Market Entry Barriers for new companies and products in bio-based economy due to regulation and standardisation

This report describes the market entry barriers due to regulation and standardisation that companies that are active in the bio-based economy experience. The analysis is based on extensive interviews with seven companies that were held mostly in 2017.

The companies that were interviewed were selected on the basis of a good spread of their respective positions in the value chain and over different feedstock. Next to the companies, in some cases other relevant stakeholders were approached for clarifying background or issues, especially when different views and standpoints were encountered during the interviews.

All hurdles that were mentioned during the interviews were grouped under five main themes and are described extensively in this report. The five themes are:

  • End-of-Life, where a number of hurdles are present, including the fact that there is no general agreement as to which end-of-life option (recycling, digestion, composting, incineration, landfilling) for a given bio-based product is the most preferable. Furthermore there are conflicting interests between bioplastics/bioproduct producers and waste processing companies/recyclers. Furthermore, there is a lot of confusion how to dispose of biodegradable or bio-based products: f.i. different municipalities in one country have different regulations. Also labelling of the products is often a hurdle: among others existing labels are often not clearly visible or not used, different labels exist for the same message, or there are similar labels with a completely different meaning.
  • Certification and standards. There is a need for certification in the bio-based market to inform on characteristics of the products and materials. However, over the last years certification schemes have been developed that are similar or overlapping. The large quantity of certification schemes is perceived as a hurdle to further develop the bio-based industry. Additional identified hurdles related to standards are the challenges standardization offers in general, in particular for SMEs; time consuming, costly and the requested level of expertise. Another related identified hurdle within standardization are incorrect statements in standards or missing standards in general.
  • Biofuel policy. The RED of 2009 and the RED II proposal are establishing conditions for biomass uses giving higher incentives of biomass use in biofuel and bioenergy sectors. Presently, there is no supportive legislative mechanism to support and regulate the use of the available biomass for producing materials. As the bio-based materials and bioenergy sectors compete for the same recourses the competition remains unfair for the bio-based materials and products. Another result of biofuel policy is that the use of biomass in the bio economies other than food has received a negative image by the public.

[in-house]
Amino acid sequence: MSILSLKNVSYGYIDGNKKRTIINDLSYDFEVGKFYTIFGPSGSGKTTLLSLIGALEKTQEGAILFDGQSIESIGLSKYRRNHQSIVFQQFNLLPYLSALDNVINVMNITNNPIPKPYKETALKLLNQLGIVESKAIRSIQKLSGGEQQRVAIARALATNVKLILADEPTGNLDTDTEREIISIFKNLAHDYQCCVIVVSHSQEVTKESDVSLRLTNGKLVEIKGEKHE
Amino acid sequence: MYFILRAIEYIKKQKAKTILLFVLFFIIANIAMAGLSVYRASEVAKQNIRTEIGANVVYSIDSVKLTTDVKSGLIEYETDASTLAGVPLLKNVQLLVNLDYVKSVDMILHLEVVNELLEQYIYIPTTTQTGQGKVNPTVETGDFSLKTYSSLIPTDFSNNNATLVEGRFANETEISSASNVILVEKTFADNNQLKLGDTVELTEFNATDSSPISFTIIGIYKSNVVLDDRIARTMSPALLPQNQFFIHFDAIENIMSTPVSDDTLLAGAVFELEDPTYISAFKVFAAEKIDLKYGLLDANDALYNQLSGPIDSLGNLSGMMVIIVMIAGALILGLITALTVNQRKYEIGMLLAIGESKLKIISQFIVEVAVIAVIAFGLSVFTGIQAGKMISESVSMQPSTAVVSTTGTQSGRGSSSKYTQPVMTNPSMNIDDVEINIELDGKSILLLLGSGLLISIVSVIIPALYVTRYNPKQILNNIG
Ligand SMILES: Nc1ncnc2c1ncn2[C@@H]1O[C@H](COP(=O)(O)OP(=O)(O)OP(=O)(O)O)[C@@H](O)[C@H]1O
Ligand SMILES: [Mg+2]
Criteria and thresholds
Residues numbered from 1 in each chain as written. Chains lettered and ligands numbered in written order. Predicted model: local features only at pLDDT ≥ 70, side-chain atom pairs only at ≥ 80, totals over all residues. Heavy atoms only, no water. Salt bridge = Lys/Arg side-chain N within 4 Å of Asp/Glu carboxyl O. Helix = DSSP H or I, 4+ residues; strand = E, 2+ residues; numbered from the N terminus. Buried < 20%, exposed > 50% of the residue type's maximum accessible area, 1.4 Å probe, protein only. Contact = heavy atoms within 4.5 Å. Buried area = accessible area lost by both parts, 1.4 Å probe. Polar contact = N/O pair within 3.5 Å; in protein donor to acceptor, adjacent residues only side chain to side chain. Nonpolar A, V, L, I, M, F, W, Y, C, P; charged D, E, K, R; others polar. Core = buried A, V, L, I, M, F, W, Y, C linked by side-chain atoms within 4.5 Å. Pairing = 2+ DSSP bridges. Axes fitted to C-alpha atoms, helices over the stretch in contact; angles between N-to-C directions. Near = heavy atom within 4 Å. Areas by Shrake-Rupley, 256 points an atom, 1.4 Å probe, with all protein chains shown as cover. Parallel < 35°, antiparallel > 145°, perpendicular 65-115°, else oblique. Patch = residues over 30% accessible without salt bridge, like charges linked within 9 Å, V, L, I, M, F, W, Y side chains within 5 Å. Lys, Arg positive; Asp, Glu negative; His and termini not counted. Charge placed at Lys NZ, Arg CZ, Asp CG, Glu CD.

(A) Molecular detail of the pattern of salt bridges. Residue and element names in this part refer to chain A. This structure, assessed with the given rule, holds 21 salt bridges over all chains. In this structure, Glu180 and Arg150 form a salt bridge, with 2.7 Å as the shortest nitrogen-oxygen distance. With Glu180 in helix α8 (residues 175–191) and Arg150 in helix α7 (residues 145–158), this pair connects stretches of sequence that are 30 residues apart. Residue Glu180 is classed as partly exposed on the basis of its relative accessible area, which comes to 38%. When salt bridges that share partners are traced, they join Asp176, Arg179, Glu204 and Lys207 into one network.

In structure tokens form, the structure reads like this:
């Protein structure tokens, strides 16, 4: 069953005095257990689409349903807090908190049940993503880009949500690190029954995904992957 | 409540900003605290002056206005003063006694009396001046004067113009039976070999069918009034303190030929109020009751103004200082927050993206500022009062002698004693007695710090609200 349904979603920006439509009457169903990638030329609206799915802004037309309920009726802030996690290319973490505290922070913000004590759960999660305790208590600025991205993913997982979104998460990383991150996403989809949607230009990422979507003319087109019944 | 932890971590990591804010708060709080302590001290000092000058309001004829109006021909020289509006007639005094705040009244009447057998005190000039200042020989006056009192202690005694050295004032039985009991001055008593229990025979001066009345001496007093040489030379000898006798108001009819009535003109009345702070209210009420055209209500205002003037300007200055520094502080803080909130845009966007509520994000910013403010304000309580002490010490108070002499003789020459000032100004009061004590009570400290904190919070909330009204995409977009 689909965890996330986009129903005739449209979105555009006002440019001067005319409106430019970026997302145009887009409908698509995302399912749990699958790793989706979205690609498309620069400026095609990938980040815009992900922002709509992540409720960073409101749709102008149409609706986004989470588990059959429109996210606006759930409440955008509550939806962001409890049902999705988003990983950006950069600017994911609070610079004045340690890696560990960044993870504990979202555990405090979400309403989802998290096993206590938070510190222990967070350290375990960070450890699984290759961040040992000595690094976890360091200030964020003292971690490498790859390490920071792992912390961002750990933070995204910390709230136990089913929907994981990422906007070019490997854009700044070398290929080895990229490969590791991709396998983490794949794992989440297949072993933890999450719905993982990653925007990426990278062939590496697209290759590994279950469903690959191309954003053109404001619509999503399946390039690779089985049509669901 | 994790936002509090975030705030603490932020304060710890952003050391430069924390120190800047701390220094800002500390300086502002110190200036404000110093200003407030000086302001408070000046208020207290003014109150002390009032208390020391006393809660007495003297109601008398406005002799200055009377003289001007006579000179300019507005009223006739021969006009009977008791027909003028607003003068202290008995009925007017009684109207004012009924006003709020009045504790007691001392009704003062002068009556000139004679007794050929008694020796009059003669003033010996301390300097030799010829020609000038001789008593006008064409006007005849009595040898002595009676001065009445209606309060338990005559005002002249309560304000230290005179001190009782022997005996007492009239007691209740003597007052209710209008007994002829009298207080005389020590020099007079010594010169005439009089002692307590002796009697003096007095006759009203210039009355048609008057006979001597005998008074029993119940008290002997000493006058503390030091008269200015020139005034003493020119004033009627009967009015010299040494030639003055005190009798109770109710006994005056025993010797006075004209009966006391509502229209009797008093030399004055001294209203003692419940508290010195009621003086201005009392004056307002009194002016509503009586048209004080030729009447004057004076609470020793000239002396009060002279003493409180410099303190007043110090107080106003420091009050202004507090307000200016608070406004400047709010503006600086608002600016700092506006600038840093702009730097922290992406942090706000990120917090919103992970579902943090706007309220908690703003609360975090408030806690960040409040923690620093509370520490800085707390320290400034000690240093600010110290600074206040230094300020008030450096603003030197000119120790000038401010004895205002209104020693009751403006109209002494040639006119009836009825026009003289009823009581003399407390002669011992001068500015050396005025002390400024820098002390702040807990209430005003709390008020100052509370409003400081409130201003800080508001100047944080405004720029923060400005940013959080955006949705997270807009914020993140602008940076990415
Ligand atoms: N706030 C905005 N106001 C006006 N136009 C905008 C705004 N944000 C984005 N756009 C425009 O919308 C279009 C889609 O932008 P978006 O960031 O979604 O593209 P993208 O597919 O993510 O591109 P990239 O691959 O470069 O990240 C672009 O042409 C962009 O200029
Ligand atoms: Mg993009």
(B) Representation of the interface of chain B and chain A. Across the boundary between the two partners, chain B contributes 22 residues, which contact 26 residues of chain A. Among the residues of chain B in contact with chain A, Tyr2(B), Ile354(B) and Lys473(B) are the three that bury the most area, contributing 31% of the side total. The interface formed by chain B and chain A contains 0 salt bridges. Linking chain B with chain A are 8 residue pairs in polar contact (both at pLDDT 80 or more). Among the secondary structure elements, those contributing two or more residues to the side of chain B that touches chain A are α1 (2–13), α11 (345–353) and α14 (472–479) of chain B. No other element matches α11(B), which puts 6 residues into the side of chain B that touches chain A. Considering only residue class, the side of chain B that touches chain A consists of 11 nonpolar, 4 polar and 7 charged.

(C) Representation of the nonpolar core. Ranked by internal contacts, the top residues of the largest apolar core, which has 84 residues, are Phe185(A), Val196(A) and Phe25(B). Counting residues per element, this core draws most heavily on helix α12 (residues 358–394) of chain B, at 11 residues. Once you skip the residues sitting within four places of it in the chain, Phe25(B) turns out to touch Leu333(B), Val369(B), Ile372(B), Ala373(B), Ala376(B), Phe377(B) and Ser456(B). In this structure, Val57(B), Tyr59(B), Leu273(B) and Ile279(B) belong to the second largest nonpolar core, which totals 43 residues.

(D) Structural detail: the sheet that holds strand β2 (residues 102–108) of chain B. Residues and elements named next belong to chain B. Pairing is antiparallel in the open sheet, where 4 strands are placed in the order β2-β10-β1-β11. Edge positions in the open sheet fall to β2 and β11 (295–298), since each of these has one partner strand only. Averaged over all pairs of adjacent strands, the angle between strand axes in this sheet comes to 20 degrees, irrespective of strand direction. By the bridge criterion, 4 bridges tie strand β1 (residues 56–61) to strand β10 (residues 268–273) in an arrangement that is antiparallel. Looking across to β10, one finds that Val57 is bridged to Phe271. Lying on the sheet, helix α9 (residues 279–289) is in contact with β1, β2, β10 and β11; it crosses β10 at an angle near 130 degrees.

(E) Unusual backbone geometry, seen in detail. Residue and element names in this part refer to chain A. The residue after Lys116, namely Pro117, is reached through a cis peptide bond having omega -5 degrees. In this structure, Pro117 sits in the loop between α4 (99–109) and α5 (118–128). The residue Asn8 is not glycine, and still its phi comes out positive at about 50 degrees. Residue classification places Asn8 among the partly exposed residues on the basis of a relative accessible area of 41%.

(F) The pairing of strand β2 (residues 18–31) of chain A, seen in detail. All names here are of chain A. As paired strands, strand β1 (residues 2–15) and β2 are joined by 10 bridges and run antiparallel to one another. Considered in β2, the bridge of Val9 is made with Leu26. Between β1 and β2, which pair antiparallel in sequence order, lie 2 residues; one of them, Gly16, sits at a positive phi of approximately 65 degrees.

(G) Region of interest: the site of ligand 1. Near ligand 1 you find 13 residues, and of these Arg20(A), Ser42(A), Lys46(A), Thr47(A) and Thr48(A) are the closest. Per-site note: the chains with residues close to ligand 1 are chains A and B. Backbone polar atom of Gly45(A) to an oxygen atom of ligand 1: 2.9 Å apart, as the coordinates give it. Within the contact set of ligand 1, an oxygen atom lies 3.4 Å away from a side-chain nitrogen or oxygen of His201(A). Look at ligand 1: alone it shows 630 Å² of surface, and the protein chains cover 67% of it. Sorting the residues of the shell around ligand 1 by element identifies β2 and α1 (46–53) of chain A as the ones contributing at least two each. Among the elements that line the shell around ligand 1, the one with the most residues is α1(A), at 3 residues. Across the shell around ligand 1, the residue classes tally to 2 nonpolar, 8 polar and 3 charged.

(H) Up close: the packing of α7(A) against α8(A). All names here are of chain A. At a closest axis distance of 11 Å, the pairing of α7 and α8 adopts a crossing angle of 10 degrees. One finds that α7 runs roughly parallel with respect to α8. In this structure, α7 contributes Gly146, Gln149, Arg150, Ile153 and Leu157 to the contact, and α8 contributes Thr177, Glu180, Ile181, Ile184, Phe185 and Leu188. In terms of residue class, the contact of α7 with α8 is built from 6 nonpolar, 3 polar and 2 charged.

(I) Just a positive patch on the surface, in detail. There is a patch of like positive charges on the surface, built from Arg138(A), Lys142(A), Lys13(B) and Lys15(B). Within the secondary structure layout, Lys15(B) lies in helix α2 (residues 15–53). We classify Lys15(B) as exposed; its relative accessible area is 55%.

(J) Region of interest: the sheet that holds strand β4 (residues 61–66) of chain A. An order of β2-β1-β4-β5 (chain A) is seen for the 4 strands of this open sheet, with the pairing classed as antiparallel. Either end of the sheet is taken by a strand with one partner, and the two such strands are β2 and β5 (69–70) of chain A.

• (Missing) long term policy. For bio-based products, a level playing field is not in place. Externalities by fossil products like damage to the environment are paid by the society as a whole and not by the producer or buyer of the product. This implies that wherever bio-based products may diminish these externalities they cannot benefit since the fossil products do not carry the price disadvantage.
  • Communication and image. Bio-based materials are very diverse and differ in terms of structure, processes, feedstocks and applications. So, information regarding sustainability, handling of products, durability and end-of-life options may be complex to experts, and even more so to consumers. Moreover, there is a paradox between consumers wish for detailed information on the one hand and a desire to get simple messages on the other. There is a multitude of schemes available for different aspects of bio-based products, for instance for the biomass feedstock, this further confuses communication. Furthermore it is difficult to have a fact-based and rational discussion on food security in relation to the use of biomass for bio-based products.

The analysis laid down in this report will serve as the basis for proposing solutions to the market entry barriers related to regulation and standardisation that will be one of the main deliverables of the Star4BBI project.

Document Details and Download

Date published
19 April 2018
Publisher (Company, Organisation)
Wageningen University and Research (WUR) co-edited with Technische Universität Berlin (TUB), NOVA Institute, and Netherlands Standardisation Institute
Research Project Title
Funding Reference for Project (if applicable)
GA 720685

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